There’s nothing quite like a water lily but adding one of these striking and instantly recognisable aquatic plants to a pond is not without its problems.
The huge number of varieties available coupled with their range of sizes – from small examples which would barely cover a square foot (0.1sq m) of pond surface to giants that can easily blanket an area fifty times as large – make choosing the right one as difficult as it is important.
Add to this that although all water lilies need good daily exposure to full sun if they are to flower properly, exactly how long they need varies considerably between the different kinds and picking something appropriate can become quite complicated.
Fortunately, there are ways to take a lot of the uncertainty out of the job, and with a little careful research, you should be able to find just the right lily for your pond without too much trouble.
Picking the Right Size
Water lilies are normally grouped into four broad categories – dwarf, small, medium and vigorous – and although this isn’t a perfect system, since some lilies don’t really fit neatly into one category or another, it’s a pretty good starting point and works well enough most of the time.
Members of the ‘vigorous’ group are not candidates for the garden – unless, that is, yours includes a lake or a slow moving river! Deciding which of the remaining three general types you should be looking for obviously depends on the size of your pond and the trick is to pick your lilies so that when they’re fully grown, they’ll still leave around half of the pond’s surface area uncovered. It doesn’t matter whether you’re planning on a single specimen lily or two or three varieties, the same rule applies; the combined total cover shouldn’t amount to more than 50 per cent of the pond.
Once you’ve worked out the surface area of your pond, the rest becomes fairly straight forward and all that remains is to find a lily to suit your needs from the appropriate group. There’s a good range of colours and growing habits in all of them, so whatever you’re looking for, you shouldn’t be disappointed. Look out for varieties labelled ‘changeable’ – their flowers start out yellow, before turning pink and finally red; if the idea appeals, it can certainly add a little extra interest to the pond.
Other types of pond plants include: Oxygenating pond plants, marginal pond plants, pond edge plants, floating pond plants, floating pond water lilies and deep water pond plants.
With a spread of 12 to 24 inches (30-60cm) and covering between 1 and 3 square feet (0.1 – 0.3sq m) when fully grown, dwarf lilies in general are ideally suited to small ponds, while some of the smallest of their kind can safely be used in tubs and half-barrels.
They need a planting depth of around 6 inches (15cm) and will repay selection with a series of small but beautiful flowers over the summer.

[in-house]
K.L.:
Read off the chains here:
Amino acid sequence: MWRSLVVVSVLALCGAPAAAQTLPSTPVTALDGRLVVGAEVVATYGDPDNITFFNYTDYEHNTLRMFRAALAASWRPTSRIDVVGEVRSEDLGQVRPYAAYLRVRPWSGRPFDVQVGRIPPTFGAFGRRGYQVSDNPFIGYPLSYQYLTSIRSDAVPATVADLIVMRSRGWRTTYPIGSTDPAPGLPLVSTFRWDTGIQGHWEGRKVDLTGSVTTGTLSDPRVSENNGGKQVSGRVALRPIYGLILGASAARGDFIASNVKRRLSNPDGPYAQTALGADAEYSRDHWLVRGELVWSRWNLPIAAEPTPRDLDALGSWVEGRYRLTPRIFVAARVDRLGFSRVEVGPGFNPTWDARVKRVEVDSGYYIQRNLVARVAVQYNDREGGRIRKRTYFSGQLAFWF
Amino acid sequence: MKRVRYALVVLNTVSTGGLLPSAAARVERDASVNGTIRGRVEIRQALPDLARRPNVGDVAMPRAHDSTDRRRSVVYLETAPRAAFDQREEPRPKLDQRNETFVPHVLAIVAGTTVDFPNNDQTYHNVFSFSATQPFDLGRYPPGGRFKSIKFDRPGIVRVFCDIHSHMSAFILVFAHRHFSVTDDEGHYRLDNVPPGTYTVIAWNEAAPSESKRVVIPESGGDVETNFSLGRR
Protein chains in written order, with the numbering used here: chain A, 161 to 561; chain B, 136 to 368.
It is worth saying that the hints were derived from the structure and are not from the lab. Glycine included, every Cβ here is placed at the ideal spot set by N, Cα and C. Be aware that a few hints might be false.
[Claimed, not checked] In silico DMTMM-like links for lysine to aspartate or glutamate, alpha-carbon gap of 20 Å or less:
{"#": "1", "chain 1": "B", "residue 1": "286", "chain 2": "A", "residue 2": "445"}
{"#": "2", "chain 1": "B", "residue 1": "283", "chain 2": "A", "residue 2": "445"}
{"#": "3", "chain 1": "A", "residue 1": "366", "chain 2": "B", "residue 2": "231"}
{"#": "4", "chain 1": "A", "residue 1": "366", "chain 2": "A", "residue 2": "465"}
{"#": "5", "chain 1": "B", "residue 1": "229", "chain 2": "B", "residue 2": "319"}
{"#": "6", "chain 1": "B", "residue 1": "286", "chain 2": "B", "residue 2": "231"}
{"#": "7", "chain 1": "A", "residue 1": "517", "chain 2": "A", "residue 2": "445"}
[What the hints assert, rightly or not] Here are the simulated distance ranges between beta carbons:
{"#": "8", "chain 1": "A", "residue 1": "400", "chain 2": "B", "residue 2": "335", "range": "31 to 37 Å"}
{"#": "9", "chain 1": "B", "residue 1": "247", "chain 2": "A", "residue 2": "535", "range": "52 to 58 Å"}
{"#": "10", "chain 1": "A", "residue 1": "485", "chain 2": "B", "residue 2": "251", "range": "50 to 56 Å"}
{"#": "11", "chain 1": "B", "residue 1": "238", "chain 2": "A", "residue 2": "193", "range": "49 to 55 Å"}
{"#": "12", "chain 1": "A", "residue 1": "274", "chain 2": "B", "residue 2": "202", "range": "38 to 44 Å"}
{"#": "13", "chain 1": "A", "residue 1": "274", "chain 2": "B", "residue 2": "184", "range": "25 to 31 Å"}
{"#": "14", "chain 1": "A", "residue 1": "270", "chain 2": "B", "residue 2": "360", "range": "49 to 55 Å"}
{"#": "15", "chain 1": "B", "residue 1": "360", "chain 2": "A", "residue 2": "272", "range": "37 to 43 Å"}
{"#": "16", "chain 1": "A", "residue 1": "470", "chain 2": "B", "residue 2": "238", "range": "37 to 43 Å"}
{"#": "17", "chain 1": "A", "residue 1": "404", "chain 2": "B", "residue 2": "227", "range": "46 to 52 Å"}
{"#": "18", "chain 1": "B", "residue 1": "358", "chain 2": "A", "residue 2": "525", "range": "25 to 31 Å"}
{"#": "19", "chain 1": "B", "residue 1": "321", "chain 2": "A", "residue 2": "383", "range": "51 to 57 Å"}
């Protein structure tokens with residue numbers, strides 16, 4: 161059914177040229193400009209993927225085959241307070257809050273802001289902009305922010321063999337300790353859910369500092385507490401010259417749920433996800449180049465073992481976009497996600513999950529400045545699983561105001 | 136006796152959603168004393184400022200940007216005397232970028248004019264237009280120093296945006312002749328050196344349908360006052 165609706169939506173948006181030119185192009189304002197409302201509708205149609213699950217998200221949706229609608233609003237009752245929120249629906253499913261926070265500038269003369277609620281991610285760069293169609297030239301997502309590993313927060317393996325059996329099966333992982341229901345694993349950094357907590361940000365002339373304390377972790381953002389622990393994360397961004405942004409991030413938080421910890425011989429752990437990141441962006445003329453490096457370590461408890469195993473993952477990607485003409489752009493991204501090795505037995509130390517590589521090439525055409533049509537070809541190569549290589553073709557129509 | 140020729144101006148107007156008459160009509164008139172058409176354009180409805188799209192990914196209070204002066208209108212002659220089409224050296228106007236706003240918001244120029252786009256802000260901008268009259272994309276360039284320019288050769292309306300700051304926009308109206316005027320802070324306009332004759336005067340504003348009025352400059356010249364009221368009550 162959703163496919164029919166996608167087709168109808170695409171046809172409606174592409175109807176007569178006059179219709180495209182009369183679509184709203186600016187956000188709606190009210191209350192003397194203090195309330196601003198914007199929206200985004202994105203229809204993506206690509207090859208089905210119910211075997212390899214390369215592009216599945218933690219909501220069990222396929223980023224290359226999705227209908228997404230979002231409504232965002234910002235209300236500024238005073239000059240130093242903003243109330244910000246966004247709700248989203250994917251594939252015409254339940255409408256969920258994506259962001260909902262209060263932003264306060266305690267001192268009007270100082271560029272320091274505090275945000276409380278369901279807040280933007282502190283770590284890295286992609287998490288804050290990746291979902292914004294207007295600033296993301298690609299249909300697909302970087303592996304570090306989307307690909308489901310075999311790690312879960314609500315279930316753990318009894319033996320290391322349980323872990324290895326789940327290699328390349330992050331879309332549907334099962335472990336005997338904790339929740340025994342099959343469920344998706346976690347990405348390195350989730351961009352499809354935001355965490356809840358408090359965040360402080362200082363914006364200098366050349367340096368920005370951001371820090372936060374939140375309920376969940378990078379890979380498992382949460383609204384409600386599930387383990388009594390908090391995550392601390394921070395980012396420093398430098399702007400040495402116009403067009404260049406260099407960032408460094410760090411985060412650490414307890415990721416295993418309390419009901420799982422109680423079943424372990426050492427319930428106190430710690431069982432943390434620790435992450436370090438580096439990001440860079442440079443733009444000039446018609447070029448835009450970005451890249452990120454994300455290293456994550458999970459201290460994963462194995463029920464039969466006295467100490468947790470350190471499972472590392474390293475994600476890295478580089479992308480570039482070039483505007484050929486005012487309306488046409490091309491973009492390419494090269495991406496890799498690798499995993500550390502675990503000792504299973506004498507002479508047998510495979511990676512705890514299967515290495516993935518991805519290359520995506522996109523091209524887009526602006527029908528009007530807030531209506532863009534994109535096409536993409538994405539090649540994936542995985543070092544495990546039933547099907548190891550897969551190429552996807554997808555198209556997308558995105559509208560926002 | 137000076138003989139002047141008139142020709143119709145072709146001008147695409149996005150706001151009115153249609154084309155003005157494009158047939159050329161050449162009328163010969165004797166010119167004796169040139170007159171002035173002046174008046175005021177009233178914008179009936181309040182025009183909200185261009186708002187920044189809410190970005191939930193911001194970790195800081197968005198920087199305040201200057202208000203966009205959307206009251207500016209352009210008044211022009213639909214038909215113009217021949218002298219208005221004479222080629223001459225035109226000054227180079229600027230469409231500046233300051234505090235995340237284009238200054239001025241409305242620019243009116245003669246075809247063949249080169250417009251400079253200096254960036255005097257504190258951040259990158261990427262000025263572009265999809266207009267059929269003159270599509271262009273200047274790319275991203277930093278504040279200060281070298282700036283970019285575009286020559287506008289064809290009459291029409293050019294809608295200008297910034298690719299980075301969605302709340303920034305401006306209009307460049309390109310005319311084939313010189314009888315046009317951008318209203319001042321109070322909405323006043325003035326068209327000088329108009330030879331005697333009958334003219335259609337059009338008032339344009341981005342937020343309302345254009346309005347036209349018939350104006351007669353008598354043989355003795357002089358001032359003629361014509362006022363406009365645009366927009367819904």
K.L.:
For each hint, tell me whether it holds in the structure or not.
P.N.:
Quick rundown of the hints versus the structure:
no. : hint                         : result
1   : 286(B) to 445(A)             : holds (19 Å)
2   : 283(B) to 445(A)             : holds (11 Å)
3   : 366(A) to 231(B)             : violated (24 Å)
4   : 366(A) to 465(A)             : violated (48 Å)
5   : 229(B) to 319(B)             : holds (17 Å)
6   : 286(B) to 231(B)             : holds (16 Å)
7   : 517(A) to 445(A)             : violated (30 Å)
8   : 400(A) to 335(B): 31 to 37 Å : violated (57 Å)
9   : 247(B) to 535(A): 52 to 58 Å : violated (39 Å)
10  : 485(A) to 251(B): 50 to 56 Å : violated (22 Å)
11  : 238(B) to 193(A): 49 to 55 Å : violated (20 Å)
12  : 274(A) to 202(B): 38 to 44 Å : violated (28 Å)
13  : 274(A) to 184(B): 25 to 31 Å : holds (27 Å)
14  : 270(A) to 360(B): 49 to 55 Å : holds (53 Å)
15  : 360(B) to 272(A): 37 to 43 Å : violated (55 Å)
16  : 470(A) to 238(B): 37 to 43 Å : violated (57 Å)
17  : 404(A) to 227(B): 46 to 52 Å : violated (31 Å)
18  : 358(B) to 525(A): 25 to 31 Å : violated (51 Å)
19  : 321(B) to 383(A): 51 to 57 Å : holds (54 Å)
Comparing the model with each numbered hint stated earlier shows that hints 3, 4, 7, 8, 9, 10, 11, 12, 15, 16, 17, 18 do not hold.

Some of the best kinds to consider include:
- Nymphaea ‘Aurora’ – a compact ‘changeable’ variety, suited to tubs as well as small ponds.
- Nymphaea ‘Paul Hariot’ – another ‘changeable’ it has big flowers for a dwarf variety.
- N. pygmaea‘Alba’ – a tiny flowering variety ideal for the smallest of water features.
- N. pygmaea‘Helvola’ – a popular and attractive lily, with prolific yellow star shaped flowers.
Small lilies typically need a planting depth of around a foot (30cm) and cover an area of around 3 – 12 square feet (0.3 – 1.1sq m), with a spread of between 2 and 4 feet (0.6 – 1.2m). Small lilies will do well in small ponds, and offer larger flowers than most of the dwarf varieties.
Look out for the following varieties, amongst others:
- Nymphaea ‘Froebeli’ – not particularly commonly seen, but well worth trying; produces prolific deep red flowers.
- Nymphaea ‘Laydekeri’ – a number of Laydekeri varieties exist, all of which are ideal for even very small ponds.
- Nymphaea ‘Sioux’ – a ‘changeable’ variety with distinctively pointed petals and purple spotted leaves.
Perfect as a specimen lily in larger ponds, this group’s members will cover up to 20 square feet (1.8sq m) of the surface when they are fully grown, having a spread of around 5 feet (1.5m) per plant. These lilies typically require a planting depth of between 18 inches and 2 feet (45- 60cm).
Good examples include:
- Nymphaea marliacea ‘Albida’ – an ever-popular favourite, with prolific and highly fragrant snow white flowers.
- Nymphaea ‘Maseniello’ – a strong and prolific hybrid lily, with rose-pink flowers; inclined to spread, so it’s not suitable for very small ponds.
- Nymphaea atropurpurea – deep red, cup shaped flowers, suitable for most ponds with a surface area of around 35 square feet (3.2 sq m) or more.
Tempting though an attractive photograph may be – or a ‘bargain’ price – it’s well worth making sure that the lily you pick really is the right one for your pond; in the long run, you’ll be glad you did.